As if the response is unimportant Liz sing-songs a question, “Did the mail come?”

I sigh.

“Yup, right here.”

I walk into the living room as Liz pushes forward, belly first, in an attempt to stand. With the mail tucked under my left arm I reach down with my right hand to help her up from the futon.

She stands, “Well, anything?”

Handing her the parcels I shrug.

Rifling through the stack of bills and circulars Liz stops cold.

I watch as eyebrows buckle and lips purse in response to the discovery of the slenderest of letters from BU, her first choice among medical schools.

She speaks in a whisper, “No…it’s skinny.”

She withdraws the letter from the pile and drops the remaining items to the floor. They scatter at our feet, some slipping under the lumpy futon.

Vivaldi grows quiet in preparation of seasons’ looming change.

With a snap of the wrist Liz gives the letter a quick sharp shake. Then, with a swift stomp, she bangs her foot to the floor. “One page…it’s gotta be a rejection letter.”

Her chin drops as her words falter. “No…”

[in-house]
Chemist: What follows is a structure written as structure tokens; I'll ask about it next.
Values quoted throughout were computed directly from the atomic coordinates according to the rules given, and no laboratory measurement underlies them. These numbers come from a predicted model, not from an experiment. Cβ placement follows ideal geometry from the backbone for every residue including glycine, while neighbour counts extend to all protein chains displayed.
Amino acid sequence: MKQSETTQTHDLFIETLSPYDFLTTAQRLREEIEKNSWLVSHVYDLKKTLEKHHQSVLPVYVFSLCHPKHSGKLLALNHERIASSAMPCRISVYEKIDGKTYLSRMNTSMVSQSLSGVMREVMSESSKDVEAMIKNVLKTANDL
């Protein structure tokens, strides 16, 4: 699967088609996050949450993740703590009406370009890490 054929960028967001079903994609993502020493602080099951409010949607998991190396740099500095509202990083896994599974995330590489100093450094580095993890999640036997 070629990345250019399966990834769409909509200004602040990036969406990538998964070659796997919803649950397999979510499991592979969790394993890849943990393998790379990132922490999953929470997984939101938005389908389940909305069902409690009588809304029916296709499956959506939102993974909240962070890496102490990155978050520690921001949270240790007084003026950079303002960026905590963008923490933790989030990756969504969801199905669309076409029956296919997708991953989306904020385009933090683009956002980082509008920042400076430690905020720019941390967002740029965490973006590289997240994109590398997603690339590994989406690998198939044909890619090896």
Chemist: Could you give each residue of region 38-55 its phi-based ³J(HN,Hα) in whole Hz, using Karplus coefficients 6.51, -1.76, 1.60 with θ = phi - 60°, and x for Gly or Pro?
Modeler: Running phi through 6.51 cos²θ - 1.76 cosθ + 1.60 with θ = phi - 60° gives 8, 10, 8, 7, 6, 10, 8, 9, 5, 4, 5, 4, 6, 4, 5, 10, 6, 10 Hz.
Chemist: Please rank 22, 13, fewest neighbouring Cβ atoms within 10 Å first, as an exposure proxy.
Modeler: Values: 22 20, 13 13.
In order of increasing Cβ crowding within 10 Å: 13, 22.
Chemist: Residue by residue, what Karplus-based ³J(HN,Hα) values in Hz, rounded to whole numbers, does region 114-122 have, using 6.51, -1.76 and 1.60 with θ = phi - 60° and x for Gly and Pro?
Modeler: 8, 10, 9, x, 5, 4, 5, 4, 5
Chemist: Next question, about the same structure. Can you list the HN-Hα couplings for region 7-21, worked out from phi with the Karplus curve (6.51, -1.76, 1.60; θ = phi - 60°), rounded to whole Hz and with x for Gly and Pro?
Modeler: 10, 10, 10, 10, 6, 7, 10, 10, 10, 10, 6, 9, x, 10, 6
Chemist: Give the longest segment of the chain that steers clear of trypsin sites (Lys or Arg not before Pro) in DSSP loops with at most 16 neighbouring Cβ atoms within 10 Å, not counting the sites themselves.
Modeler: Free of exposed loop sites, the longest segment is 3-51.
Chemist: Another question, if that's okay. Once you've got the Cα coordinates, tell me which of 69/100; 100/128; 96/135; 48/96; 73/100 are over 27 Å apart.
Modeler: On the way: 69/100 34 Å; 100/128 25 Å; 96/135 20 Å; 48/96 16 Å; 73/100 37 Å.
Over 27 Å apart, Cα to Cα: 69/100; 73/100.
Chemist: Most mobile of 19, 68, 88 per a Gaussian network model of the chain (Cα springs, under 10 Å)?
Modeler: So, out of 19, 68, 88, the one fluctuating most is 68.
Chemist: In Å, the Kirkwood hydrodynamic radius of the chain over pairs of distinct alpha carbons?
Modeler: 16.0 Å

Before me, she teeters.

She peels open an envelope containing a single sheet of paper.

Slowly she removes the folded letter, letting the envelope fall to the floor where it joins the weekly circulars from Circle Furniture and Macy’s.

And though I do not wish to witness what’s about to happen I force myself to watch as Liz unfolds the letter.

All around the air swells with the sounds of spring as Vivaldi’s next chapter engulfs our world. From the kitchen, the scent of coffee slips forward.

Inexhaustible light pours through plastic sheeting as brown eyes dart back and forth, searching for a future on a single piece of paper.

Rising from black lower lashes a liquid sheen fills my wife’s eyes.

Today they’ll be plenty of tears.

And not knowing what else to do I reach forward to gently squeeze her shoulder.

Drawing a deliberate breath Liz starts her story anew.

She looks up from a one page letter.

She closes her eyes and smiles.

“I did it. I got in.”

And she glows.

“I’m going to medical school.”